NIAID Clinical Center Genomics Opportunity Protocol
|The safety and scientific validity of this study is the responsibility of the study sponsor and investigators. Listing a study does not mean it has been evaluated by the U.S. Federal Government. Read our disclaimer for details.|
|ClinicalTrials.gov Identifier: NCT02417766|
Recruitment Status : Completed
First Posted : April 16, 2015
Last Update Posted : April 11, 2019
- There are many types of immune disorders. These range from rare immune deficiencies to allergies to autoimmune disease like rheumatoid arthritis. Genes are the instructions our body uses to work and develop. A new technology called whole exome sequencing may help find the cause of these disorders. Whole exome sequencing is a way to look at many genes at once for errors. Researchers hope to find new gene changes that lead to immune disorders. Additionally, researchers are interested in finding the best way to manage unexpected but important findings by whole exome sequencing.
- To better understand genetic causes of immune system disorders. Also, to better understand people s thoughts and feelings about immune system disorders and new genomic testing.
- People ages 0 100 with an immune disorder or a relative with an immune disorder. People must be at least 2 to be evaluated at the NIH clinical center. People must be at least 12 to do the survey/interview portion of the study.
- Participants will have their genes sequenced. They may be asked for a new sample of blood.
- If participants cannot come for a study visit, they can have a blood sample collected by their local lab or doctor and sent by mail.
- Researchers may or may not find the cause of the participant s immune disorder. Participants will learn that information. Some participants may be asked to return to NIH to get results and have more tests.
- Researchers may share information with other studies. The data will be anonymous.
- For the survey part of the study, participants will answer questions about their or their relative s immune disorder. They will also answer about their thoughts and feelings about genomic testing.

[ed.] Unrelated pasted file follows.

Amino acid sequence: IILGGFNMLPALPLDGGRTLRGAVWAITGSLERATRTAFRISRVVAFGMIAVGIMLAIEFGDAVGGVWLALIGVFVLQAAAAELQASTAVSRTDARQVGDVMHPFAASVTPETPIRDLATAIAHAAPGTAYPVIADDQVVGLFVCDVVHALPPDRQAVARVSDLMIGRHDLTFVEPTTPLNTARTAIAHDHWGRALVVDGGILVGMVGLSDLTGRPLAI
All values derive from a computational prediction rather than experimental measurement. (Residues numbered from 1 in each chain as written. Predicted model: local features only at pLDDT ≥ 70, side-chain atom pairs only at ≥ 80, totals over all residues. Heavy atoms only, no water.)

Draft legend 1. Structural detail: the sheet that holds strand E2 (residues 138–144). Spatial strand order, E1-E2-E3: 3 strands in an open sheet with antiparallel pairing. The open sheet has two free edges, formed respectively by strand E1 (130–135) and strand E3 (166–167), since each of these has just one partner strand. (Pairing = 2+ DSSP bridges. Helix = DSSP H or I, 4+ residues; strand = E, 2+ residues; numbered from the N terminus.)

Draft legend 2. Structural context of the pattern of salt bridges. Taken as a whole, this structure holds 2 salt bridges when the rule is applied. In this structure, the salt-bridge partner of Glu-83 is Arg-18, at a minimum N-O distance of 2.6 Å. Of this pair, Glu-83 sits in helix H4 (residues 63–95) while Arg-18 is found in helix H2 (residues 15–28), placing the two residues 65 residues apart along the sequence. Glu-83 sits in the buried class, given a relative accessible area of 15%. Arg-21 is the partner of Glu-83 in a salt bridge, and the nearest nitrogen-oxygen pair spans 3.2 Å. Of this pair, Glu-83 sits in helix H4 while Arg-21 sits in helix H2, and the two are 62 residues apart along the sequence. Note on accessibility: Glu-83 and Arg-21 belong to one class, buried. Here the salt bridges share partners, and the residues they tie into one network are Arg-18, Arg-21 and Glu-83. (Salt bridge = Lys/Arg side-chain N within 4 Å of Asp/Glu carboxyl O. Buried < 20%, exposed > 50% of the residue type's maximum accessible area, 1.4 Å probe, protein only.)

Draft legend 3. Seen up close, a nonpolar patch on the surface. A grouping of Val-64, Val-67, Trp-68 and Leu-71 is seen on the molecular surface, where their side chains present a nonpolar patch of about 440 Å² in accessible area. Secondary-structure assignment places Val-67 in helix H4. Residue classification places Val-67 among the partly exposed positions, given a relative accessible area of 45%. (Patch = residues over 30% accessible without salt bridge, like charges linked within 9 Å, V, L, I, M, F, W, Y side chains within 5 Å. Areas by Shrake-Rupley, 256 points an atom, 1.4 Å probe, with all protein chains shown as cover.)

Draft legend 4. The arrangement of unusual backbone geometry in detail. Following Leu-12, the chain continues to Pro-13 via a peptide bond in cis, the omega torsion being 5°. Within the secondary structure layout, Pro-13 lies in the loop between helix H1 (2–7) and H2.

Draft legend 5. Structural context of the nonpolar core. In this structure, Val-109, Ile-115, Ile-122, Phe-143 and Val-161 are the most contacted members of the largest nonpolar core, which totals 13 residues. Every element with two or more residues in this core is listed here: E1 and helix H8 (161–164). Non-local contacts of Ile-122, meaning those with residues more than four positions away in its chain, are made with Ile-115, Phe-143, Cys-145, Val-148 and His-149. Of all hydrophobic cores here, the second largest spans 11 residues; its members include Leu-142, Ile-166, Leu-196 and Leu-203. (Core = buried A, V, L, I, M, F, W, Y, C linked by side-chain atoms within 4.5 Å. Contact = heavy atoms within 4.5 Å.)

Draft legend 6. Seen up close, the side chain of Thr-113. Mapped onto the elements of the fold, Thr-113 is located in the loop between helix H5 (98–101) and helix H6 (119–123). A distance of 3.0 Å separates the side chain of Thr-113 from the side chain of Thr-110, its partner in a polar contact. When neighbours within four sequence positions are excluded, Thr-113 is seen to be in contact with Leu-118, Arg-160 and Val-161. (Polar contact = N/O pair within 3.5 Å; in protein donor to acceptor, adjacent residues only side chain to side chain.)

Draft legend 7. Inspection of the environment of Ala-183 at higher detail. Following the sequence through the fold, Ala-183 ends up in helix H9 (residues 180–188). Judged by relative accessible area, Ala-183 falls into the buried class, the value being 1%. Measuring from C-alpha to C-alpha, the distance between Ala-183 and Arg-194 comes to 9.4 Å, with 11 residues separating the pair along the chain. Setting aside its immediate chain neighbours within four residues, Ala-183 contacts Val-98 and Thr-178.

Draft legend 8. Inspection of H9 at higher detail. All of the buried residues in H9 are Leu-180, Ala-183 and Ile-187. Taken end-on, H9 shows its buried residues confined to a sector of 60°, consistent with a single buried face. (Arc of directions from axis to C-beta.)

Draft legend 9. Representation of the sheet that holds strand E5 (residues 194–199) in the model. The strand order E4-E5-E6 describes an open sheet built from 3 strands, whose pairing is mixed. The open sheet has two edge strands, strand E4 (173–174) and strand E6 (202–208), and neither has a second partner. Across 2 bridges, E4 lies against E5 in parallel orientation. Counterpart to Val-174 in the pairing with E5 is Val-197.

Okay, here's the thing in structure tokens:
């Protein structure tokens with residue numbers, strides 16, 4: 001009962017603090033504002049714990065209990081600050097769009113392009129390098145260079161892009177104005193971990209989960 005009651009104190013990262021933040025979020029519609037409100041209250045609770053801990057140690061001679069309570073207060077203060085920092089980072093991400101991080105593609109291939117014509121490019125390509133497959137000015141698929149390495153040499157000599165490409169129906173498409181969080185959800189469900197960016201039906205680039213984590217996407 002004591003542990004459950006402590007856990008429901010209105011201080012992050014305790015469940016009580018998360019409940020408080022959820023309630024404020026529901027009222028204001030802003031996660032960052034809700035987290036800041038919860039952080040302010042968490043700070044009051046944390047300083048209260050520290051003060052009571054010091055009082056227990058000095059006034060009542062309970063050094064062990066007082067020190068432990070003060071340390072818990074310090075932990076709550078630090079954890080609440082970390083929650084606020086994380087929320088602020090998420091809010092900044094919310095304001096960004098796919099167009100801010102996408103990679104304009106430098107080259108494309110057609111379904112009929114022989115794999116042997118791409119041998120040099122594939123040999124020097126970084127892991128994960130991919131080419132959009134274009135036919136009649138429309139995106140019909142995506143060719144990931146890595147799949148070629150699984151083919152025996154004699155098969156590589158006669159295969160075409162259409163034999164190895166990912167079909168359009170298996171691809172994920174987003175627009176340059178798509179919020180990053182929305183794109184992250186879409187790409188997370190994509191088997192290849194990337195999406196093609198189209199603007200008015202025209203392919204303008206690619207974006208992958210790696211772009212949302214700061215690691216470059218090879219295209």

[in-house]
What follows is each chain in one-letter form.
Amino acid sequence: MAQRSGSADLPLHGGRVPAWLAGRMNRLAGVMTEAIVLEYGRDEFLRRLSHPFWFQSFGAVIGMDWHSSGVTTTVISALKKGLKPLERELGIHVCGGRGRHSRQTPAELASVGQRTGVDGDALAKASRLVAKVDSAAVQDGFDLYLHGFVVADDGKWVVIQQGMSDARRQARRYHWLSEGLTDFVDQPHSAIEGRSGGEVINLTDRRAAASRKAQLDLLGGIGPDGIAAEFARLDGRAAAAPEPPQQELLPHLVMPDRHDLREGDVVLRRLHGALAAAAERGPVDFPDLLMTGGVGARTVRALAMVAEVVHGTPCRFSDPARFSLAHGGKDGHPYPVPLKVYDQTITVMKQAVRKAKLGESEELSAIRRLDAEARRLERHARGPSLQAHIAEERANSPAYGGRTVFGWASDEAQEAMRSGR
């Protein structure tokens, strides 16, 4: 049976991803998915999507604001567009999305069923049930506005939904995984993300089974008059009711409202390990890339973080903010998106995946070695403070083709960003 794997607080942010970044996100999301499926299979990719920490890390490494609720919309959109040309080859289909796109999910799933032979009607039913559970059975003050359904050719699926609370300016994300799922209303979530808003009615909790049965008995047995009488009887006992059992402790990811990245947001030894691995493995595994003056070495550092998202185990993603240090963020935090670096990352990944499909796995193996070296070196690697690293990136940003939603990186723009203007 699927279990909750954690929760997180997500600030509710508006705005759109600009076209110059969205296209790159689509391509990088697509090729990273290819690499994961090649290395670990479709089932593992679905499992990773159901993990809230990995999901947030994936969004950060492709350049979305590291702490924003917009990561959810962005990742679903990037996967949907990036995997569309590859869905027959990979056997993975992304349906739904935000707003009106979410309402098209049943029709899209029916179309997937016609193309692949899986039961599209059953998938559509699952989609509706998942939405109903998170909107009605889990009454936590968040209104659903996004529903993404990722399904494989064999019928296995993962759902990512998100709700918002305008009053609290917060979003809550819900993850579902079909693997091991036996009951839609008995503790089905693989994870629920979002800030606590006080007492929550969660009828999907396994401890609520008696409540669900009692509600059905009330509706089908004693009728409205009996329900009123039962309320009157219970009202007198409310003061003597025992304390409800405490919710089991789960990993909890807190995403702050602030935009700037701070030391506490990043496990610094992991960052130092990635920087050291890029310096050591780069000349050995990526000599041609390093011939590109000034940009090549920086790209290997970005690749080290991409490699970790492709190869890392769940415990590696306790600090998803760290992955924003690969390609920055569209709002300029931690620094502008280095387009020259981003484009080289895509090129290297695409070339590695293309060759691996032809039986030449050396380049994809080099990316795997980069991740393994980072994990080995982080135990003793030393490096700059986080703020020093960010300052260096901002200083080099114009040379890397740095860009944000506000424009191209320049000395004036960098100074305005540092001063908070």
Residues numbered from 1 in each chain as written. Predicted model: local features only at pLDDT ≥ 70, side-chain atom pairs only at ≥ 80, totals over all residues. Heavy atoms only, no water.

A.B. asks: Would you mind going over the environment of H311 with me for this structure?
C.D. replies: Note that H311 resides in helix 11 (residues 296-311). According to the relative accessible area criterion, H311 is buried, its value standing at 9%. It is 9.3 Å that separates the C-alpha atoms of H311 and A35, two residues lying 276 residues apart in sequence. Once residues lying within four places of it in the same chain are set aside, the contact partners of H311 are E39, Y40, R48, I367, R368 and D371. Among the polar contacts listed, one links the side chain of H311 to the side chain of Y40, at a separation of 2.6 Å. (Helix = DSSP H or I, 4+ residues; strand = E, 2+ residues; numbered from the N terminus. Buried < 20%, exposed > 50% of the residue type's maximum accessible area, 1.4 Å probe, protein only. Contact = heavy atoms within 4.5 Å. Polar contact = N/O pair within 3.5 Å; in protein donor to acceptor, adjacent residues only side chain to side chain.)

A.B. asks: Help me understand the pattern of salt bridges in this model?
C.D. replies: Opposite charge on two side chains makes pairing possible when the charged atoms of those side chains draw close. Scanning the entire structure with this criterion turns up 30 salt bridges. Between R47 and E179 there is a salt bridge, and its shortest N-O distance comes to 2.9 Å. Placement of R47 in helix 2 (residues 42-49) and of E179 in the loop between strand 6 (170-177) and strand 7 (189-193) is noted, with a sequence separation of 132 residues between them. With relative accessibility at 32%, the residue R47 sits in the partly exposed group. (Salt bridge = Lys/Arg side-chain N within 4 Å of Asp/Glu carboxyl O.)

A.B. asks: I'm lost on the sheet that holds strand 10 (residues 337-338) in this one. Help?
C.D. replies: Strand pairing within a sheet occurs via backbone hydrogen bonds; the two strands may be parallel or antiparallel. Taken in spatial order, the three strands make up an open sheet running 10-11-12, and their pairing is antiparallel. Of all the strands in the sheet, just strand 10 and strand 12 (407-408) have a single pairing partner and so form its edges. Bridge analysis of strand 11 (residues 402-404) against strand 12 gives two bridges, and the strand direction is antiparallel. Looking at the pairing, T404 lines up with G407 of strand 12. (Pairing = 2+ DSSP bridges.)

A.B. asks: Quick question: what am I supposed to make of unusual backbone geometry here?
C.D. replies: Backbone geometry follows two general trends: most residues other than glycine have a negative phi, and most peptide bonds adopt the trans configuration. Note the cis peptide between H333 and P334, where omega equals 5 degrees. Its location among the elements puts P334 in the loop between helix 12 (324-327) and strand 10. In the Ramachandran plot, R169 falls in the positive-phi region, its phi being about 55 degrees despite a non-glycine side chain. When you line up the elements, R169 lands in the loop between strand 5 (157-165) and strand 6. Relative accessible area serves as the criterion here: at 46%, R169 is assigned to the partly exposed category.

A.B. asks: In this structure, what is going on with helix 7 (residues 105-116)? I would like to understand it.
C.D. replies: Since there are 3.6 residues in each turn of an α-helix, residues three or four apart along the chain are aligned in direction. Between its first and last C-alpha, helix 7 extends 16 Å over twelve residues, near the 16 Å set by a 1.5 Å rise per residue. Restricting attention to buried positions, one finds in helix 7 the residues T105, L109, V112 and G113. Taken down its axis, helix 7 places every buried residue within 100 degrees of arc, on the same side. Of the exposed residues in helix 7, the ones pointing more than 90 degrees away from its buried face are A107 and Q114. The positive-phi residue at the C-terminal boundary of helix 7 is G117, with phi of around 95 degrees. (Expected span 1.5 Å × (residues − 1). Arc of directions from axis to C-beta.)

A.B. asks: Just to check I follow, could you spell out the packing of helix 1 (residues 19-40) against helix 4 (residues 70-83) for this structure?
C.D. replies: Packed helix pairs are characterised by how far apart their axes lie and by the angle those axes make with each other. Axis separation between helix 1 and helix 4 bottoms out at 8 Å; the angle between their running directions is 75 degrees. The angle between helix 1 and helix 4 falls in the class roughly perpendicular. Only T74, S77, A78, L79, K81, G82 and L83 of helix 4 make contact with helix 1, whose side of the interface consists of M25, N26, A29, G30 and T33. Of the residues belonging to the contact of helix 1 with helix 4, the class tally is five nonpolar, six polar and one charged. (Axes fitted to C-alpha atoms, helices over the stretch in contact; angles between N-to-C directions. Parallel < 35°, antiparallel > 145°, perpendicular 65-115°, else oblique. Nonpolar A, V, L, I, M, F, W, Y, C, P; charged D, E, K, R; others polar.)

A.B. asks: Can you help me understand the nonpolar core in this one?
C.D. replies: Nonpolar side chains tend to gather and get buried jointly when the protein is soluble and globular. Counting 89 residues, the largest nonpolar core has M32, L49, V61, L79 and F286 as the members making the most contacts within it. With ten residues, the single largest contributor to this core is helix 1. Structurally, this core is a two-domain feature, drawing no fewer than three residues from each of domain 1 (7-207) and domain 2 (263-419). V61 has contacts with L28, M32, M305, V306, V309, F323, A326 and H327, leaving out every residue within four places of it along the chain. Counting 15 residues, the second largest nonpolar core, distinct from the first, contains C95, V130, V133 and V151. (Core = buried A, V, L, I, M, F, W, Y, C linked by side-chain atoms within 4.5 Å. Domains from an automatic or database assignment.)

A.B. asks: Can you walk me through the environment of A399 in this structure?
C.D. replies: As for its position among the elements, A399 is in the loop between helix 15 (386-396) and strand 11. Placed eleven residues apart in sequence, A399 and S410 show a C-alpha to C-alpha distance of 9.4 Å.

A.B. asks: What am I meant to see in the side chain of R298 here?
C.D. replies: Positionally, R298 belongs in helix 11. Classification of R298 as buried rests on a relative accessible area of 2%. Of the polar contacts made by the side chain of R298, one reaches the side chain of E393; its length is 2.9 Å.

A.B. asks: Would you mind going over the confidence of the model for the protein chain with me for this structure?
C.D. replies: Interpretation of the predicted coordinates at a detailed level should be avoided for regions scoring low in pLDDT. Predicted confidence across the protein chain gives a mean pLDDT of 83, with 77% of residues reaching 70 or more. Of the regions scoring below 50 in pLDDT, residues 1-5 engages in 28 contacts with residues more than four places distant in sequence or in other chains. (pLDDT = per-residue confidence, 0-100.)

- Some participants will be asked for a brief interview to ask more about the survey topics. There may be more follow-up after several months.
|Condition or disease|
Investigators at National Institute of Allergy and Infectious Diseases (NIAID) are actively developing the infrastructure and capability for identifying the cause of heterogeneous immune-mediated disorders through whole exome and whole genome sequencing (WES/WGS). This effort received additional support through the establishment of the NIAID Clinical Genomics Program (CGP), a Division of Intramural Research (DIR)-supported cross-lab collaboration to increase the effectiveness of NIAID s basic and applied genomic research. The disorders under investigation include primary immunodeficiencies, immune homeostasis disorders, autoimmune conditions, and allergic diseases for which the hypothesized causative genetic mutations(s) have not yet been identified. Given recent discoveries of the genetic bases of many immunological disorders, we are also expanding the disorders studied to include those with prominent extra-immune manifestations in which a strong inherited immunological pathogenic basis has been identified; such as the Pediatric Autoimmune Neuropsychiatric Disorders associated with Streptococcal infections (PANDAS) or Sydenham s chorea. Despite the breadth of clinical presentations under investigation, these immune-mediated disorders share significant overlap in underlying molecular pathophysiology and thus represent a coherent study target.